I'm driving a dc-motor with a BJT turned on and off with a 555 generated PWM signal. Here's the circuit (V1, Rl and L1 simulate the motor):555 pwm, BJT and dc motor schematic

There actual circuit - same parts - is on a breadboard and is running a small 7W dc-motor. I'm using an oscilloscope to look at the voltage across the motor leads. Here's what I get when the motor is running fast (CH1 yellow is on 5V, CH2 cyan is on the BJT's collector and in red is the voltage across the motor leads CH1-CH2):

motor running fast

All seem fine:

  • CH1 is 5V fixed
  • CH2 shows a small VCE sat. when BJT is on and the EMF of the motor acting as generator when the BJT is off
  • the red trace is as expected

Here's what I get when the motor runs slowly:

motor running slow

That doesn't look as good:

  • CH2 shows a much higher VCE sat. when the BJT should be on with pronounced noise/ringin

Is that ok? According to the BD139 datasheet Vce shouldn't be more than 0.5V so something must be wrong here. Maybe the BJT is not fully on? I chose Rb considering the 180mA no-load current listed in the motor datasheet. Should I lower it? Any other hint?


I did some more calculation considering conservative values Imax= 180mA, Voh = 3.3V, hFE = 25, Vbe = 1 V) and got around 300 Ohms for Rb. I tried lowering its value and got much better results with 150 Ohms: I can slow the motor down much more before Vce rises to the point the BJT can't be considered in the saturation area anymore (1 Volt or more).

I gave a look at the current with a 1 Ohm series power resistor and found out that unexpectedly the current is higher when the motor turns slow. That could explain why I get such a bad behavior (BJT not fully on) at lower speeds. Apparently the motor in not running smoothly and current is pulsed with a higher value.

I also tried putting caps to smooth things out with no success. I tried with a 470uF + 100nF across the power supply but the voltage keeps falling when BJT is ON; furthermore putting a small cap across the motor has no effect on the ringing/ripple/noise caused by the motor.

Edit 2:

I tried raising the PWM frequency swapping the 390nF capacitor. With a 3.9nF cap I get a perfectly square signal but even if it seems better I'm not convinced it's a good thing current wise. Reading on textbooks I get something like that with the former cap value:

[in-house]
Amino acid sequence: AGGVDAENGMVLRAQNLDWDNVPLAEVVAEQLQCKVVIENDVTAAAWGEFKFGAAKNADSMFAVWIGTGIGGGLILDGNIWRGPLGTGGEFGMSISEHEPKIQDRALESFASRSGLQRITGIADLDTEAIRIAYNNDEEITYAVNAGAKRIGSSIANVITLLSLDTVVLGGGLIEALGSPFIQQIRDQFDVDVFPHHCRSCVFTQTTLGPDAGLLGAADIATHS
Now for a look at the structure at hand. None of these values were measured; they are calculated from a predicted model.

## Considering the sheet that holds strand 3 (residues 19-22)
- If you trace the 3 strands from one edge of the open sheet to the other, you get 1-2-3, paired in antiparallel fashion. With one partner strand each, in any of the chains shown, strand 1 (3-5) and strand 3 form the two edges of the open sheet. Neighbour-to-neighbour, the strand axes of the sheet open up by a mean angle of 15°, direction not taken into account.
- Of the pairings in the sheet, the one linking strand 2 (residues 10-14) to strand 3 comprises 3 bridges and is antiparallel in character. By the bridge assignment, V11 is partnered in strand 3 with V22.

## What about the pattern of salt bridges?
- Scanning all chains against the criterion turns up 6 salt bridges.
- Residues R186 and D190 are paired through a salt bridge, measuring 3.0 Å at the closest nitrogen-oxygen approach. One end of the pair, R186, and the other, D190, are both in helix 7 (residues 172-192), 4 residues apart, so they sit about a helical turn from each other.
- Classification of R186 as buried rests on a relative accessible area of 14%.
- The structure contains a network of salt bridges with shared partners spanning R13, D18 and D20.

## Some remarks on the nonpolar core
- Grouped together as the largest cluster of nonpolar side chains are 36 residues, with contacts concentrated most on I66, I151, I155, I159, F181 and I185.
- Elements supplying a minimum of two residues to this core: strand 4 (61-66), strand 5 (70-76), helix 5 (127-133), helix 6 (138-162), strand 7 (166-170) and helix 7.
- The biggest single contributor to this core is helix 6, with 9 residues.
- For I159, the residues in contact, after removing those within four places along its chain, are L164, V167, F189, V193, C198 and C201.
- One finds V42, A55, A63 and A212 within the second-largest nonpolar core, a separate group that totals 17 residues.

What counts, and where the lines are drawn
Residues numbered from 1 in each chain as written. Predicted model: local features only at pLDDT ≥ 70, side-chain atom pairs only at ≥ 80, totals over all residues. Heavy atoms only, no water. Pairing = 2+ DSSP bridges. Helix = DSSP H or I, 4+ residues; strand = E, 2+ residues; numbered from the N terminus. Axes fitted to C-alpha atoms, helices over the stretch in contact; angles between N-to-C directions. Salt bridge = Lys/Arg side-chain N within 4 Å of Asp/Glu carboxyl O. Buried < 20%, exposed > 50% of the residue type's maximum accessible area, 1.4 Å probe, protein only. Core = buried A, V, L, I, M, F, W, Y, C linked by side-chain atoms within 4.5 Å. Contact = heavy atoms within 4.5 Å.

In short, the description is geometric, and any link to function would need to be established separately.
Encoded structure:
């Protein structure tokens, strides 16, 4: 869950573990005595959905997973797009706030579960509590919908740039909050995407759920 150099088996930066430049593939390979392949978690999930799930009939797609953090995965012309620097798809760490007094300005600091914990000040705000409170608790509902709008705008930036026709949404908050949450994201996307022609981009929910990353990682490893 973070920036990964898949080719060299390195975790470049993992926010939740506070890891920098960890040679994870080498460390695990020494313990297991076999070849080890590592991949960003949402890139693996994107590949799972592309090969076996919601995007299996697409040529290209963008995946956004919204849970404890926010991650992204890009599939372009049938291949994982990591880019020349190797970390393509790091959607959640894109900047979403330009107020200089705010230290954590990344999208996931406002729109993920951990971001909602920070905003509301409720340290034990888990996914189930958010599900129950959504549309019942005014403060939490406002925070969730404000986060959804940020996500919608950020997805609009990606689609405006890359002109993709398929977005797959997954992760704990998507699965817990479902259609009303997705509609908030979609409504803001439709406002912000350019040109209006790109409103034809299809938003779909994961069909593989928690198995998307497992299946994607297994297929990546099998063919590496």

low frequency PWM

showing the voltage accross the motor and the current sensed with a shunt resistor. Raising the frequency (2kHz) I get something like that:

higher frequency PWM

where the voltage is apparently better but:

  • the diode is alway ON when the BJT is OFF (which I think is bad power wise)
  • the current never reaches its final value (bad for motor performance I guess)

So which one is better?

  • \$\begingroup\$ Is there a reason you are using a BJT instead of a MOSFET? What made you choose the BD139? In your schematic, does V1, RI, and L1 represent your motor? \$\endgroup\$ Commented Feb 22, 2019 at 23:02
  • \$\begingroup\$ I had some BD139 handy and no MOSFETS. V1, L1 and Rl are arbitrarily chosen not the actual values. \$\endgroup\$
    – dodod
    Commented Feb 22, 2019 at 23:07
  • \$\begingroup\$ Just curious, why do you use a voltage source to represent your motor? \$\endgroup\$ Commented Feb 22, 2019 at 23:09
  • 1
    \$\begingroup\$ A 560Ω base resistor is limiting your base current to about 9mA, this sounds far too low for a 7W motor at 5V. Your current gain can be as low as 25 with a BD139, and the 180mA current for your motor is going to be the lowest current it draws. You might try using two BD139s in a darlington configuration. \$\endgroup\$ Commented Feb 22, 2019 at 23:12
  • \$\begingroup\$ Is the motor running slowly because you are loading it more? Then it'll draw MUCH more current (putting it in the linear - not saturated - region with 560R limiting Ib). \$\endgroup\$
    – user16324
    Commented Feb 22, 2019 at 23:20

2 Answers 2


You can reduce Vce from 1.2V (on scope trace) to Vce=Vce(sat)=0.5V max

  • using the datasheet Vce(sat) =0.5V max with Ic/Ib=10 @ Ic=0.5A , do not use hFE.
  • thus change Rb from 560 Ohm to 50 Ohm or so for a load of 5 Ohm on 5V.
    • more accurate KVL measurements can optimize this value.

An hFE beta is used for a linear amplifier that you don't have. You have a saturated switch and the datasheet for most transistors shows a base current that is 1/10th the collector current. Reduce the base resistor value to 150 ohms. Use less than 150 ohms if the motor current is more than 180mA.

Edit. The output of the 555 goes as high as only 3.6V, not 5V and the base end of the base resistor is about 0.8v, not 0V so the 560 ohms base resistor current was only (3.6V - 0.8V)/560 ohms= 5mA, not 9mA and was far too low. 180mA/10= 18mA of base current in (3.6V - 0.8V)/18mA= 155 ohms is needed.

  • \$\begingroup\$ I used the lowest value hFE from the datasheet 25 but you're right I wrongly assumed 555's Voh was 5V. I'll try with a smaller Rb. \$\endgroup\$
    – dodod
    Commented Feb 23, 2019 at 6:38

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